MINES and energy minister Tom Alweendo has encouraged investors to continue exploring the country's offshore areas for oil and gas as a way to capitalise on the favourable petroleum tax regime being offered.
He said this during his opening remarks on Wednesday at the Namibia International Oil and Gas conference, which is underway at Swakopmund.
The minister explained that oil and gas exploration can generate revenue for the government, and defy influences from world economic powerhouses.
"Many countries in the world, including Namibia, are dependent on oil imports, and nations with a surplus often exercise disproportionate influence on the world," he said.
He noted that a major oil discovery will be important for Namibia in these times of a volatile and challenging business environment as a result of the slowdown in the economy.
"Oil and gas are the world's most important and valuable commodities, and constitute a major source of revenue for governments and corporations which control production and distribution," the minister stated.
Alweendo pointed out that the discovery of oil and gas, and its success, will still depend on collective efforts from both the government and the private sector.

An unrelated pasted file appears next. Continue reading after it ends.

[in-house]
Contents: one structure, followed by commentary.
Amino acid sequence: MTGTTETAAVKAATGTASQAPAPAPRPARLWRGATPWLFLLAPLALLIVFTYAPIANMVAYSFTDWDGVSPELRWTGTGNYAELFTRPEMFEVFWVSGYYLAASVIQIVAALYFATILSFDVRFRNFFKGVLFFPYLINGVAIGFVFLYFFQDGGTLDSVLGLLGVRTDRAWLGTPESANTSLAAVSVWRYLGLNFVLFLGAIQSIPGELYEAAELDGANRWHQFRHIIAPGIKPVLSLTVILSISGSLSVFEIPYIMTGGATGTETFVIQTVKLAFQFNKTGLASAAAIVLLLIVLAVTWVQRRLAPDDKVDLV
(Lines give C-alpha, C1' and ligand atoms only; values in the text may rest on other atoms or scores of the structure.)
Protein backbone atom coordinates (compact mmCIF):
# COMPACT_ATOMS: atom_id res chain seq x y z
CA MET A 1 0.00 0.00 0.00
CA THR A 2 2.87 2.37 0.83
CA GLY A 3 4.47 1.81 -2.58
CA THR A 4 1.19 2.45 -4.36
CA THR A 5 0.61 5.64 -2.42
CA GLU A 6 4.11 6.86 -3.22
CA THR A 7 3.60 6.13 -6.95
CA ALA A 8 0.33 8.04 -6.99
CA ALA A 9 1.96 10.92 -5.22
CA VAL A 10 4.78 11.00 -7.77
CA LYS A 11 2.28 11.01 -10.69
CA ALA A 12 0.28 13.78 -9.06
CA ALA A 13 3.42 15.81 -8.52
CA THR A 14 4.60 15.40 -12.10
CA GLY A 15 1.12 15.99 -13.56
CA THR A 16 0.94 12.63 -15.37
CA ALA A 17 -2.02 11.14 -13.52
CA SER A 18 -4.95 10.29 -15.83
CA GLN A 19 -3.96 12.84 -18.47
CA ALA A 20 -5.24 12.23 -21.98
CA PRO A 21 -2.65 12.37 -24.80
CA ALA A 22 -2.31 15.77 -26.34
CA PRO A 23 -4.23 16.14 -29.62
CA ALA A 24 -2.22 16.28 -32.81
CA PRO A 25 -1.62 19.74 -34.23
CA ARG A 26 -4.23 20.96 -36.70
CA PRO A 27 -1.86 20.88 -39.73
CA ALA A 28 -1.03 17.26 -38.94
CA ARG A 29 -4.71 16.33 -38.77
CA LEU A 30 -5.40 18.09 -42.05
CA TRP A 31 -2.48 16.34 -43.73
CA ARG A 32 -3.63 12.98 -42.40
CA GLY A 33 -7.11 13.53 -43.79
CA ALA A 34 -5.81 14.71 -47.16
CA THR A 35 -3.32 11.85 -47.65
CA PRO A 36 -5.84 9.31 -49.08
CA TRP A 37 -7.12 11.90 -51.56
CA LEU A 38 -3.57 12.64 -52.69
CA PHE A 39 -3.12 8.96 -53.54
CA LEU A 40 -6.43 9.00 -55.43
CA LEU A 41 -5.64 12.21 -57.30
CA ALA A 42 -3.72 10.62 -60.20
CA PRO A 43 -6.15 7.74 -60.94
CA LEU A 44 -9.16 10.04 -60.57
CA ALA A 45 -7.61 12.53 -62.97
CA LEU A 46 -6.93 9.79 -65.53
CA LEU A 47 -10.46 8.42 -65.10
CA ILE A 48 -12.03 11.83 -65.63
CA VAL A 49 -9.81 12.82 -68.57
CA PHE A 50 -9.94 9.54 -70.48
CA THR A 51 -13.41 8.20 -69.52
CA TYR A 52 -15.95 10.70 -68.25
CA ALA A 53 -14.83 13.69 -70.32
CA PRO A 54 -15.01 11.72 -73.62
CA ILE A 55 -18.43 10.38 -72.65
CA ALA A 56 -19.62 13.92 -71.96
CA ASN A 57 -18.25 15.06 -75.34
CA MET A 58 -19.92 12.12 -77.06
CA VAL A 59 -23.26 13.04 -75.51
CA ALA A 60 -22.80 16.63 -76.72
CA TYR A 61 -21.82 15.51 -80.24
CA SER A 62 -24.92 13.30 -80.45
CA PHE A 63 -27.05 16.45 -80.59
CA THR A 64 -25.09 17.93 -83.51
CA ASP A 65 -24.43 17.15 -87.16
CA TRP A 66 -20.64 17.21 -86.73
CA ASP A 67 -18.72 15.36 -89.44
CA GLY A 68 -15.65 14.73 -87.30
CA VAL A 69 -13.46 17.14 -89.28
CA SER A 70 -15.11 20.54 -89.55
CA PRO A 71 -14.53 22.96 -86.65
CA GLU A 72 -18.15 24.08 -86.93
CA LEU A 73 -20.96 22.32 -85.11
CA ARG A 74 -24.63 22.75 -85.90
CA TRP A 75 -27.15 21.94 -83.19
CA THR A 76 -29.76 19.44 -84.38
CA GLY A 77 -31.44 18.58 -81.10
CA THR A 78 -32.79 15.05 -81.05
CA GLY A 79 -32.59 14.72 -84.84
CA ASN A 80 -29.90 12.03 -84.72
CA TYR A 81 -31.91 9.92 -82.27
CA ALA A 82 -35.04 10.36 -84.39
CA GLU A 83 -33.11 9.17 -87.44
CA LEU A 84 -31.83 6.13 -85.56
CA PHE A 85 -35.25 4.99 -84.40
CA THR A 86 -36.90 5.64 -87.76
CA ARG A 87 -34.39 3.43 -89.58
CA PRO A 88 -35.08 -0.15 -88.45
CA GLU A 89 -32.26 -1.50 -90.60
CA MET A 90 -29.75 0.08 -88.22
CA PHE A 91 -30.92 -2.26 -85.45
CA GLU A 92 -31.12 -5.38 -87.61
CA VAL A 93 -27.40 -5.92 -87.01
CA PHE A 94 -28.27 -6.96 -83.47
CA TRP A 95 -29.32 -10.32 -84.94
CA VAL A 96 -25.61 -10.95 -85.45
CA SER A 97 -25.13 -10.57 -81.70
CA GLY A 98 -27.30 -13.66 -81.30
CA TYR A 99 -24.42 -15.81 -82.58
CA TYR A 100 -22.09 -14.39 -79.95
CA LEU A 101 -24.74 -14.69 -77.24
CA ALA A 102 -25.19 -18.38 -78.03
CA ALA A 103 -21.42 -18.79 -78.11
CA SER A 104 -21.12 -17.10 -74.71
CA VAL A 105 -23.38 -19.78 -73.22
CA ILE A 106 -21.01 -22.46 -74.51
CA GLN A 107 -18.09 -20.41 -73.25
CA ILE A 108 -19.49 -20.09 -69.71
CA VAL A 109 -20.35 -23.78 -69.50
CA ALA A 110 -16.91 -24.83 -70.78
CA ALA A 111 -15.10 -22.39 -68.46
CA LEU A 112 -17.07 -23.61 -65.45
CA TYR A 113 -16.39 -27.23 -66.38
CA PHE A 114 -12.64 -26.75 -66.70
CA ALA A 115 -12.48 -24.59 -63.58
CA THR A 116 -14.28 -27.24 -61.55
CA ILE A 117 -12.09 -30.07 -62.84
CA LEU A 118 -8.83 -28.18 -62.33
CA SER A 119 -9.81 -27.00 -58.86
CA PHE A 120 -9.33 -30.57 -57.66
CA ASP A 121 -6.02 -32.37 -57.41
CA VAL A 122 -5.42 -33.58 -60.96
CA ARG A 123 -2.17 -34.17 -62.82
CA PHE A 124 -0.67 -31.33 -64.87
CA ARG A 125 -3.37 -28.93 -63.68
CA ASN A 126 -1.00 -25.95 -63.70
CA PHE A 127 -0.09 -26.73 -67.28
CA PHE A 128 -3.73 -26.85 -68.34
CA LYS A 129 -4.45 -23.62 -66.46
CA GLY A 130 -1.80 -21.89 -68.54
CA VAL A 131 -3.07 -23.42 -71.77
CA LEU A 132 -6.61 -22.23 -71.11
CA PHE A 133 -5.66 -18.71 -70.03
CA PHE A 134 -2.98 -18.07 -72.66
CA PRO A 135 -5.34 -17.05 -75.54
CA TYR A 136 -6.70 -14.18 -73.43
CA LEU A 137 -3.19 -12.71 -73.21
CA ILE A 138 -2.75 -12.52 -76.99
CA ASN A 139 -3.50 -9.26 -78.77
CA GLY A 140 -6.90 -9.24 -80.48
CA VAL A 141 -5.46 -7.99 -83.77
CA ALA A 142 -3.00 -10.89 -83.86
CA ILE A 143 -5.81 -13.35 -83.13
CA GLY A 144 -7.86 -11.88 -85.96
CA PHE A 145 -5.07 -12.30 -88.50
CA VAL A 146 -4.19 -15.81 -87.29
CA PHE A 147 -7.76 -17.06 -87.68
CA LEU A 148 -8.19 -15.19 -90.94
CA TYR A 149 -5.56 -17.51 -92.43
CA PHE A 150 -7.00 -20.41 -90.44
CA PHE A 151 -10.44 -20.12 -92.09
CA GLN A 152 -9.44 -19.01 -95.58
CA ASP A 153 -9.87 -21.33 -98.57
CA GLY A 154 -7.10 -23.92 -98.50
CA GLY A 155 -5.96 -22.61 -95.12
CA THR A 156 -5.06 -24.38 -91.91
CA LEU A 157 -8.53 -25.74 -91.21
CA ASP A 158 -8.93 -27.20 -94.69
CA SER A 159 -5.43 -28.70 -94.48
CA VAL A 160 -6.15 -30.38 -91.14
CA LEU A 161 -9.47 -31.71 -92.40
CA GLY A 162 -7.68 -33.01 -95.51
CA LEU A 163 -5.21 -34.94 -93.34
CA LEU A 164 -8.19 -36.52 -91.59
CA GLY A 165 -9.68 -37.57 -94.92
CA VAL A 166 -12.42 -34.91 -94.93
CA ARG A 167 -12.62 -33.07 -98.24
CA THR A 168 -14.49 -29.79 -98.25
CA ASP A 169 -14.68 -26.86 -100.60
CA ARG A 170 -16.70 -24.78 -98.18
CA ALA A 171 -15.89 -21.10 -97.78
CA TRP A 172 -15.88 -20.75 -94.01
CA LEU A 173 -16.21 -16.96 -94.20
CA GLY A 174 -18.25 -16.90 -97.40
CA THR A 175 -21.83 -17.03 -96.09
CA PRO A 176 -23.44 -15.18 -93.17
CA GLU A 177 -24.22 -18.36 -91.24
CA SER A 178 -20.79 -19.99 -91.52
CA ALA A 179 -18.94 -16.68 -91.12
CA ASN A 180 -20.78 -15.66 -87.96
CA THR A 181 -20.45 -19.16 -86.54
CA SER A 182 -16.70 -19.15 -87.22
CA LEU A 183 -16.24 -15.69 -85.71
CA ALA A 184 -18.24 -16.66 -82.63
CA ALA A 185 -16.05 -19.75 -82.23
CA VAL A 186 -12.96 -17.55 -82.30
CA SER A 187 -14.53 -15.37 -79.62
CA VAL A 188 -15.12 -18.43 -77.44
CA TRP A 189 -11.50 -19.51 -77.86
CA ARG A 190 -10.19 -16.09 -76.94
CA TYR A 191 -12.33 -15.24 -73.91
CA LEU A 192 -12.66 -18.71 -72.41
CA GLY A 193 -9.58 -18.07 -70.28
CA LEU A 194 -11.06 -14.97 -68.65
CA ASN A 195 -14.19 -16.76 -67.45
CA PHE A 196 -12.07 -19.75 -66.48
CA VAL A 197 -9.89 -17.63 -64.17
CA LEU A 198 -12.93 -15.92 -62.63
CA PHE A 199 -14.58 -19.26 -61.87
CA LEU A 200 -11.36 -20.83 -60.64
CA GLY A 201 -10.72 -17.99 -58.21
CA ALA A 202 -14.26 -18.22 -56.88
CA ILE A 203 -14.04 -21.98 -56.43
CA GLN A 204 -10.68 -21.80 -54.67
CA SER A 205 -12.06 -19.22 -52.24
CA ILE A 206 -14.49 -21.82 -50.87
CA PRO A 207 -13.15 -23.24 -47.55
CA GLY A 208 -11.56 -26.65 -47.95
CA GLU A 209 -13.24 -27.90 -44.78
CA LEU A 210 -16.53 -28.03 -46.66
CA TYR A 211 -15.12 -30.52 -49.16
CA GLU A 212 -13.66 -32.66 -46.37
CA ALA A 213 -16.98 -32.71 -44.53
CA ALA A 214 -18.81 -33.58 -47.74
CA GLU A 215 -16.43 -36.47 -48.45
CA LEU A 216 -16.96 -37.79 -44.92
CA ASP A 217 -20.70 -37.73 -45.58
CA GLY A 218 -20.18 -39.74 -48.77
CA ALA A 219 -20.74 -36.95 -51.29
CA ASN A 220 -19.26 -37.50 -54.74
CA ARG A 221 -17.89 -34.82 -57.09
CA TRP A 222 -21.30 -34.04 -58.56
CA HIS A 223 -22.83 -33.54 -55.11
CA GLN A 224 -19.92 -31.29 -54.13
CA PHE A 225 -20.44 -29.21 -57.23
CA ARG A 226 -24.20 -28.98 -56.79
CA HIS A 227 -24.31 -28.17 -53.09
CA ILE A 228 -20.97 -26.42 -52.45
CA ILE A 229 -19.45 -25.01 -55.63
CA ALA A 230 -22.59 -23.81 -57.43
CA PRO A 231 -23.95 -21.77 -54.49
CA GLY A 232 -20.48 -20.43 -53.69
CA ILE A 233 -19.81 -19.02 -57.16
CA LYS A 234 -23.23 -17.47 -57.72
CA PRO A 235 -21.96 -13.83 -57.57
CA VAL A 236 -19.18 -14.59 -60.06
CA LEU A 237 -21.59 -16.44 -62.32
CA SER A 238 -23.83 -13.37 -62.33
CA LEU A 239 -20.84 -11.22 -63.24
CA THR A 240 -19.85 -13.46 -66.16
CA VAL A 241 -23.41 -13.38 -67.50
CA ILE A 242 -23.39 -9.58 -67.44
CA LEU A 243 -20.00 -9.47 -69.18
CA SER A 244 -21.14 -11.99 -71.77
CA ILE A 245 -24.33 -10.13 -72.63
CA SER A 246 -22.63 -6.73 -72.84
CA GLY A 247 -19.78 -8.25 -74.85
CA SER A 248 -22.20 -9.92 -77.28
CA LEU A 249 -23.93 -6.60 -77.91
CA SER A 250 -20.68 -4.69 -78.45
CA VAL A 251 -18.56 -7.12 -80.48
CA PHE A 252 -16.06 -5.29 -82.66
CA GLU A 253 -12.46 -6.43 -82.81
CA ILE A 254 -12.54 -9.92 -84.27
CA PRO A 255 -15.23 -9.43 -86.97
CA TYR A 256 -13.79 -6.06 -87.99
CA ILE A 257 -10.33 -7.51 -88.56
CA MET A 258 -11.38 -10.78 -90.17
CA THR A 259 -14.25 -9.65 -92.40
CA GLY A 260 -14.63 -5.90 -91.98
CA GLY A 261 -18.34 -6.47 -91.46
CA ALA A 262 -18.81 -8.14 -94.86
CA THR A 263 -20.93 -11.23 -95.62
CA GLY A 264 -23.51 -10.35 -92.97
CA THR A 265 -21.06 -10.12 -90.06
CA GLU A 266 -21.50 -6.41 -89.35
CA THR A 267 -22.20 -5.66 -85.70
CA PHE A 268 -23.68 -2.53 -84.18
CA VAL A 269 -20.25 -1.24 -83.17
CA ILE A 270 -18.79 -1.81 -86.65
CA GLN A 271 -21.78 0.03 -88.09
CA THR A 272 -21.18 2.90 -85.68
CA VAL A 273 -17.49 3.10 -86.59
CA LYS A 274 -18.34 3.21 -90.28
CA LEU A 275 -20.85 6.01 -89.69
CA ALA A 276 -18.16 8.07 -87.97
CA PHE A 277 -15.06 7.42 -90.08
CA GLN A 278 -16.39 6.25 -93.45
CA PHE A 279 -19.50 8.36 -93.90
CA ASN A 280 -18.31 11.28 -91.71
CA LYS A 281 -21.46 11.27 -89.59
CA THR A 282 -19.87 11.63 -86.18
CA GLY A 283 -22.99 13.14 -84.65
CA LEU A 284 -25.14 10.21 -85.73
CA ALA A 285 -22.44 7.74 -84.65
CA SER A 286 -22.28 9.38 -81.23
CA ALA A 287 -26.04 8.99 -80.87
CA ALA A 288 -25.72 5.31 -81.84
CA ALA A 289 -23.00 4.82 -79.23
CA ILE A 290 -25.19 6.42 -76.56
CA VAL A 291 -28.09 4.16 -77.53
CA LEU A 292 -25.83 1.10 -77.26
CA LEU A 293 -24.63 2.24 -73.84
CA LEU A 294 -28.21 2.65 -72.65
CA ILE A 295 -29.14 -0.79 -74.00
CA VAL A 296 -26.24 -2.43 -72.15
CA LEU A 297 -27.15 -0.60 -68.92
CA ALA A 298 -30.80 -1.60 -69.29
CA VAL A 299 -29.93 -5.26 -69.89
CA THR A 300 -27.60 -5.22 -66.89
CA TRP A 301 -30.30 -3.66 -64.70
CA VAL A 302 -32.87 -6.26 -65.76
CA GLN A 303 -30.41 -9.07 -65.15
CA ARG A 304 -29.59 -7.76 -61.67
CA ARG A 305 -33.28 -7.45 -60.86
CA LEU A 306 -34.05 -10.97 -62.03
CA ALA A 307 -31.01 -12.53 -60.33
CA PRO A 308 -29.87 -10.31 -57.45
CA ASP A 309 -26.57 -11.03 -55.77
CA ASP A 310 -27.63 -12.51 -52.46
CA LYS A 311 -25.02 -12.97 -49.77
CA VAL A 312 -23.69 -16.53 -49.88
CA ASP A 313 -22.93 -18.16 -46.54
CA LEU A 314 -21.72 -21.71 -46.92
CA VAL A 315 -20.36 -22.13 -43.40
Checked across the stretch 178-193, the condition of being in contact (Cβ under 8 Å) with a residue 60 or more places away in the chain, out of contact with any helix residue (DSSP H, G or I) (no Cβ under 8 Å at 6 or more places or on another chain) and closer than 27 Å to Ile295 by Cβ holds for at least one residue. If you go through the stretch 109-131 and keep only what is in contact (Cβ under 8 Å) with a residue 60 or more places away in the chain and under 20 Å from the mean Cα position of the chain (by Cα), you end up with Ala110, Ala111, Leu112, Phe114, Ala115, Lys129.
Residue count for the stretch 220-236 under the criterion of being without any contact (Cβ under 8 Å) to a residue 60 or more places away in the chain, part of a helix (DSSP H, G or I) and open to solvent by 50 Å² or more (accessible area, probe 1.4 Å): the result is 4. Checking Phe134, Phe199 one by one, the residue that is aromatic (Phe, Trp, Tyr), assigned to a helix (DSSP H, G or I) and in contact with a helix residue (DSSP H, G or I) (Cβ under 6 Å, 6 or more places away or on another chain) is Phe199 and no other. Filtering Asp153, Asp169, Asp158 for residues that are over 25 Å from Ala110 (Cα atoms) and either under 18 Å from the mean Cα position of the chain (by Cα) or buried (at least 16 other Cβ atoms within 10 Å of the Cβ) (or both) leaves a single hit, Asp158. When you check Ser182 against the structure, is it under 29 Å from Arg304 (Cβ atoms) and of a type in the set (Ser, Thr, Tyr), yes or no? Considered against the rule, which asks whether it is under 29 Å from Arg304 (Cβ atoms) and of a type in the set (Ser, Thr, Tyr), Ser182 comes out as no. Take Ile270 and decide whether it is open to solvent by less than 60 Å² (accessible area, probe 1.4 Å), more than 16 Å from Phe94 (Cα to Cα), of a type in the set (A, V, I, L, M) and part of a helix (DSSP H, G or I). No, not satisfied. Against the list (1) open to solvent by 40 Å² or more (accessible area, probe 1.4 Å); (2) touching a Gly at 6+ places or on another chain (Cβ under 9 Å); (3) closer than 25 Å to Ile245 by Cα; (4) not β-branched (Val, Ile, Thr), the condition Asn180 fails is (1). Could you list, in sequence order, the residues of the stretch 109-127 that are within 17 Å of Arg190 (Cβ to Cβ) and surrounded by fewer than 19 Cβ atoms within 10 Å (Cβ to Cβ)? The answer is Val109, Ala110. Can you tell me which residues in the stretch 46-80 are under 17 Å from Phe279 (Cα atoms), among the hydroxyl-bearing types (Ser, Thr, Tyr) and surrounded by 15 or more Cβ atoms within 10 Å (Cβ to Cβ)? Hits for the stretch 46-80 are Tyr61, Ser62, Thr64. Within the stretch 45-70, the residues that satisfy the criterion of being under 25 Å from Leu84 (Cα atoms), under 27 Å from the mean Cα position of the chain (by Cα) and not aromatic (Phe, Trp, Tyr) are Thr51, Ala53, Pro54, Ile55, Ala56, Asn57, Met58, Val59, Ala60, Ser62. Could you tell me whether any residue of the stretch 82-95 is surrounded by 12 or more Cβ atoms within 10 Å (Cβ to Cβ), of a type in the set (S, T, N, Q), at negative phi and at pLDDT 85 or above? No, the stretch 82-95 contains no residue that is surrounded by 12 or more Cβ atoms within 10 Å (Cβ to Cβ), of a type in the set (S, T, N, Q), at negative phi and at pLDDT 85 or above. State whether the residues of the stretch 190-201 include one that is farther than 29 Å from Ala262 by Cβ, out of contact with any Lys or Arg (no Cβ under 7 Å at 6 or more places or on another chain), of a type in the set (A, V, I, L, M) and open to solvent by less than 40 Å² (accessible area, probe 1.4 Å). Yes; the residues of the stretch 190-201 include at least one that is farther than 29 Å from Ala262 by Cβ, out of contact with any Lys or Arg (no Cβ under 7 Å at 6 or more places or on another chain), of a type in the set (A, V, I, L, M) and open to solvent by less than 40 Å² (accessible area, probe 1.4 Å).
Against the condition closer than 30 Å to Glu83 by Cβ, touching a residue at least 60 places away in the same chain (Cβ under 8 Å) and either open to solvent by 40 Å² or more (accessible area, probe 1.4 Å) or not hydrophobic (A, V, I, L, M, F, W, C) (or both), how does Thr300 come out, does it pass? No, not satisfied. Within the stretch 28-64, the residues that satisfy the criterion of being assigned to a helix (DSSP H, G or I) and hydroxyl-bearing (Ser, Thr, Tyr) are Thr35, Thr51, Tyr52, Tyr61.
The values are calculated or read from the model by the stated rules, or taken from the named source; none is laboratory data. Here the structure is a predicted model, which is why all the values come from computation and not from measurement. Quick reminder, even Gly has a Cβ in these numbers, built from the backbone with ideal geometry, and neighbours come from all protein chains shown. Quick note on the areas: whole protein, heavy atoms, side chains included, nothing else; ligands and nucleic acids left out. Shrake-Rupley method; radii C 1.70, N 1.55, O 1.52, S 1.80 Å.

The government will thus appreciate value-addition investments in the upstream or downstream cycle.
"As of recent, about 18 exploration wells have been drilled in offshore Namibia, with no major discovery, but yielded an excellent geological understanding of the Namibian offshore margin", he said, and despite having no major discovery, Alweendo encouraged further investment in that space, while the government provides a conducive environment by ensuring a stable policy framework.
As an appetiser for investors, the government's petroleum income tax is levied at 35%, state royalty at 5%, and a negotiable additional profit tax when the internal rate of return is greater than 15%. The country's petroleum tax regime and incentives are some of the most favourable in Africa, the minister observed, encouraging the equitable sharing of economic benefits for the investor and the country.
He said in addition to the petroleum tax regime, the country has an approachable government for further consultations on how the state can enable business operations.
Currently, the private sector controls 100% of the imported refined products, but the reinstatement of the 50% fuel import mandate through state-owned oil and gas company Namcor remains a strategic objective of the government.
This will be championed by the N$5 billion strategic oil storage facilities at Walvis Bay, which are almost completed.
Namcor applied to the Namibian Competition Commission earlier this year to be exempt from direct or indirect competition in selling and purchasing fuel products.
According to the Namibian import statistics for 2018, the country spent more than N$11,4 billion on the imports of oil, gas and their refined products.